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Inequalities between Groups: Theory and Empirics


  • Jayadev, Arjun
  • Reddy, Sanjay G.


Summary Inequality between identity groups has long been thought of as an important contributor to social unrest and violence as well as being important in assessing the justice of societies. Yet, the measurement of the ways in which such groups differ and are unequal remains underdeveloped. Accordingly, this paper introduces three distinct but interlinked concepts relating to inequality between groups which can be used in empirical estimation of group based inequality. We define and discuss the concepts of representational inequality, sequence inequality, and group inequality comparison. Representational inequality captures the extent to which a given level of attribute is shared between members of distinct groups, sequence inequality captures the extent to which groups are ordered hierarchically in their possession of the attribute and group inequality comparison captures the extent to which differences between groups account for the overall inequality of individuals. These concepts can be used to measure the degree of segregation, clustering, and polarization between groups. In order to illustrate the merit of these concepts and their joint application to understanding group based inequality we provide an example using Demographic and Health Surveys data for five societies. It may be seen that the choice of measures is greatly consequential in applied work.

Suggested Citation

  • Jayadev, Arjun & Reddy, Sanjay G., 2011. "Inequalities between Groups: Theory and Empirics," World Development, Elsevier, vol. 39(2), pages 159-173, February.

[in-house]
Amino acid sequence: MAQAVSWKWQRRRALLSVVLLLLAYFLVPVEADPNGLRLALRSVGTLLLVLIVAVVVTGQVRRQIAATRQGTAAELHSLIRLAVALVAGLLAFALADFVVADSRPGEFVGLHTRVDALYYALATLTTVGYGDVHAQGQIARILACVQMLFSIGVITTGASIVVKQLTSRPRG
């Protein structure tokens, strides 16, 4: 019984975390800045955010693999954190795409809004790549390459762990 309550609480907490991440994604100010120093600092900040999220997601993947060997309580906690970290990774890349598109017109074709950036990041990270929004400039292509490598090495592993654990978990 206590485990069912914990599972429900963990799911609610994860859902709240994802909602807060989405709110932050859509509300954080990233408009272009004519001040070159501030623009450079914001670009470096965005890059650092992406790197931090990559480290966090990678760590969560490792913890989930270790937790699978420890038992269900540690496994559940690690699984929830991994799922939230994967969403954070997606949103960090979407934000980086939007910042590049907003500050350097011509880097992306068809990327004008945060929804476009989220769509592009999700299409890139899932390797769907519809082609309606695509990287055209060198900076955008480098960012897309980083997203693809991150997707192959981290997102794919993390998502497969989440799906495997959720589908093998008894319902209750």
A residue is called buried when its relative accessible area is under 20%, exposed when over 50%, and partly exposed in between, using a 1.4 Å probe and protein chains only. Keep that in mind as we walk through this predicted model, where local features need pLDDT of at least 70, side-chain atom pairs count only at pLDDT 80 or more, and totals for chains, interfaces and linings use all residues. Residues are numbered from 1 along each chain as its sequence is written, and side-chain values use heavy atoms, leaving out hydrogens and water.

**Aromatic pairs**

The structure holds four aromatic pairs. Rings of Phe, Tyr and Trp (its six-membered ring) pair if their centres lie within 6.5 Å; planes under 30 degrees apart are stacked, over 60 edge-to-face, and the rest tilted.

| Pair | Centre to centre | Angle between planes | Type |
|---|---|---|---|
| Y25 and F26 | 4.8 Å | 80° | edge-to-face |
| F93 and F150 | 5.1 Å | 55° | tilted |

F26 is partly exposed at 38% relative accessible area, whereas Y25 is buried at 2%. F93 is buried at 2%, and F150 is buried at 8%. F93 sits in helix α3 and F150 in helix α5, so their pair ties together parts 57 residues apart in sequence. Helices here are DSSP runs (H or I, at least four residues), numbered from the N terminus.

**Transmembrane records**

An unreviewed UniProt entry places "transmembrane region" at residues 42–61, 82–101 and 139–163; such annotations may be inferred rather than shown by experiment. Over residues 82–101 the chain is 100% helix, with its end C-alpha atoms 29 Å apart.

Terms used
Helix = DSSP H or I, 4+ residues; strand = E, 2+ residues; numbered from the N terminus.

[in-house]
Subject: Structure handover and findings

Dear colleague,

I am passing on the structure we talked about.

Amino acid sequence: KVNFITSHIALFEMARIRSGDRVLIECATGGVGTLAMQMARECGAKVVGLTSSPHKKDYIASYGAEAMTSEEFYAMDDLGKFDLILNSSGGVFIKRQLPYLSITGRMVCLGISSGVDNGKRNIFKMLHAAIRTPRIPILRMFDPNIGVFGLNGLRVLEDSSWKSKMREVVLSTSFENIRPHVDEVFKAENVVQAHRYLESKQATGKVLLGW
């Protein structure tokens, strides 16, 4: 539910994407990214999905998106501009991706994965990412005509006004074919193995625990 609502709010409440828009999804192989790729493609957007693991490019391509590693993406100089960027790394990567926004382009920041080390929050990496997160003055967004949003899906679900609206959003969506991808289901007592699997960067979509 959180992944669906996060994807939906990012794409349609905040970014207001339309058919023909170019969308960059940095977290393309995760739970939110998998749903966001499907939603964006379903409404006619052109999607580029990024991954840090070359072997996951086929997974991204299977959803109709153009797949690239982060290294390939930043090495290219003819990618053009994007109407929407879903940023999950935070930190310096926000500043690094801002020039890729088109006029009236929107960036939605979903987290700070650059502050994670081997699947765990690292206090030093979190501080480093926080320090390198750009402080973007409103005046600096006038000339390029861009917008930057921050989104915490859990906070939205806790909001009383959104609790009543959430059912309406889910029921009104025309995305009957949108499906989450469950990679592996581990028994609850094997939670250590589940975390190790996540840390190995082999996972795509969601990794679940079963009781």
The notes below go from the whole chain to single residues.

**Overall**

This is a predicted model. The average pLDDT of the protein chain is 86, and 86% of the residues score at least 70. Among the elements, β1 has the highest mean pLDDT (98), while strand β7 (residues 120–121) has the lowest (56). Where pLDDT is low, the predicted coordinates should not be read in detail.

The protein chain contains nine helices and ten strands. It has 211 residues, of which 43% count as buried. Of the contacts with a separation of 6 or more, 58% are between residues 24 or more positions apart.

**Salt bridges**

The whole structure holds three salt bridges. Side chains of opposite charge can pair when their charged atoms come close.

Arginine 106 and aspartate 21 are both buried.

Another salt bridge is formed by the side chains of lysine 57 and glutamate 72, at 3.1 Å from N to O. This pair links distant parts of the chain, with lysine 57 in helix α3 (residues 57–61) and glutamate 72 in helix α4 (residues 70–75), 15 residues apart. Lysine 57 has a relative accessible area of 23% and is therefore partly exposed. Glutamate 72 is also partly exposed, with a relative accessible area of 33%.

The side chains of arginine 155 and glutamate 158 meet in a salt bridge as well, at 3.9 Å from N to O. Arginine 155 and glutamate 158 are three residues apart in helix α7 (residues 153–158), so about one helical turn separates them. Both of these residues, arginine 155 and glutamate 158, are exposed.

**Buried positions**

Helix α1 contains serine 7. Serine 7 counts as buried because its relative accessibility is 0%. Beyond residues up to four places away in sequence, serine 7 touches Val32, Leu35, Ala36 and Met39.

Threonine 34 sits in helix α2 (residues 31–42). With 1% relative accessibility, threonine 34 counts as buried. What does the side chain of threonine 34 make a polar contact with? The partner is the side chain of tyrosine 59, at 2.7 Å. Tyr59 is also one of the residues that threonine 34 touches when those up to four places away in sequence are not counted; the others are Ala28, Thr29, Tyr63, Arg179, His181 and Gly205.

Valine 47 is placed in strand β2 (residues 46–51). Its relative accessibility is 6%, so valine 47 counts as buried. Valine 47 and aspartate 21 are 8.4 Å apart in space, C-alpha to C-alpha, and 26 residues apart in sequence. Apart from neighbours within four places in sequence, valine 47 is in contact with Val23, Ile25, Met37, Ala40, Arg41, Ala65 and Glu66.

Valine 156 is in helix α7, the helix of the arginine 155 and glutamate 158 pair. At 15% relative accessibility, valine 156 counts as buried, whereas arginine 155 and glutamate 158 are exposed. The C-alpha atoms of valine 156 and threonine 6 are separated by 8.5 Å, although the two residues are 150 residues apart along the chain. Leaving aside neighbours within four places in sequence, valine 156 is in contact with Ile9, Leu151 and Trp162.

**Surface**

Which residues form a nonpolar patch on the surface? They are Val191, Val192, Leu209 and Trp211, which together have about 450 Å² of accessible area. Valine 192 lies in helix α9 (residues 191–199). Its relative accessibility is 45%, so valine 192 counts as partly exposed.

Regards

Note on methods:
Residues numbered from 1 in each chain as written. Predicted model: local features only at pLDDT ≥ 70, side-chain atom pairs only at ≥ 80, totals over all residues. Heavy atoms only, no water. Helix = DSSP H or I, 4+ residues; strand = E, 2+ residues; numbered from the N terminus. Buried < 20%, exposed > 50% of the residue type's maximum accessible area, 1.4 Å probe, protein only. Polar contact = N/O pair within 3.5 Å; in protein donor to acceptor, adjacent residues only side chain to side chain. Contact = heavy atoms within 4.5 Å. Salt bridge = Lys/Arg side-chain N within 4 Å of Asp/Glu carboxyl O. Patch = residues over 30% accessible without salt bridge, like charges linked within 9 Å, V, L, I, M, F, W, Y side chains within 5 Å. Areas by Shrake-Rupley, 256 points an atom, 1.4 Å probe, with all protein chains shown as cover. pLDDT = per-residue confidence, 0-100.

• Handle: RePEc:eee:wdevel:v:39:y:2011:i:2:p:159-173

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    References listed on IDEAS

    1. José G. Montalvo & Marta Reynal-Querol, 2005. "Ethnic Polarization, Potential Conflict, and Civil Wars," American Economic Review, American Economic Association, vol. 95(3), pages 796-816, June.
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    8. D. Jayaraj & S. Subramanian, 2006. "Horizontal and Vertical Inequality: Some Interconnections and Indicators," Social Indicators Research: An International and Interdisciplinary Journal for Quality-of-Life Measurement, Springer, vol. 75(1), pages 123-139, January.
    9. Anderson, Gordon, 2004. "Toward an empirical analysis of polarization," Journal of Econometrics, Elsevier, vol. 122(1), pages 1-26, September.
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    Cited by:

    1. Sripad Motiram & Nayantara Sarma, 2011. "Polarization, inequality and growth: The Indian experience," Working Papers 225, ECINEQ, Society for the Study of Economic Inequality.
    2. Sripad Motiram & Nayantara Sarma, 2011. "Polarization, inequality and growth: The Indian experience," Indira Gandhi Institute of Development Research, Mumbai Working Papers 2011-011, Indira Gandhi Institute of Development Research, Mumbai, India.
    3. Dhongde, Shatakshee, 2017. "Measuring Segregation of the Poor: Evidence from India," World Development, Elsevier, vol. 89(C), pages 111-123.
    4. Anjan Ray chaudhury, 2013. "Interpreting the concept of representational inequality to reckon between-group inequality for different types of data," Economics Bulletin, AccessEcon, vol. 33(4), pages 2890-2904.


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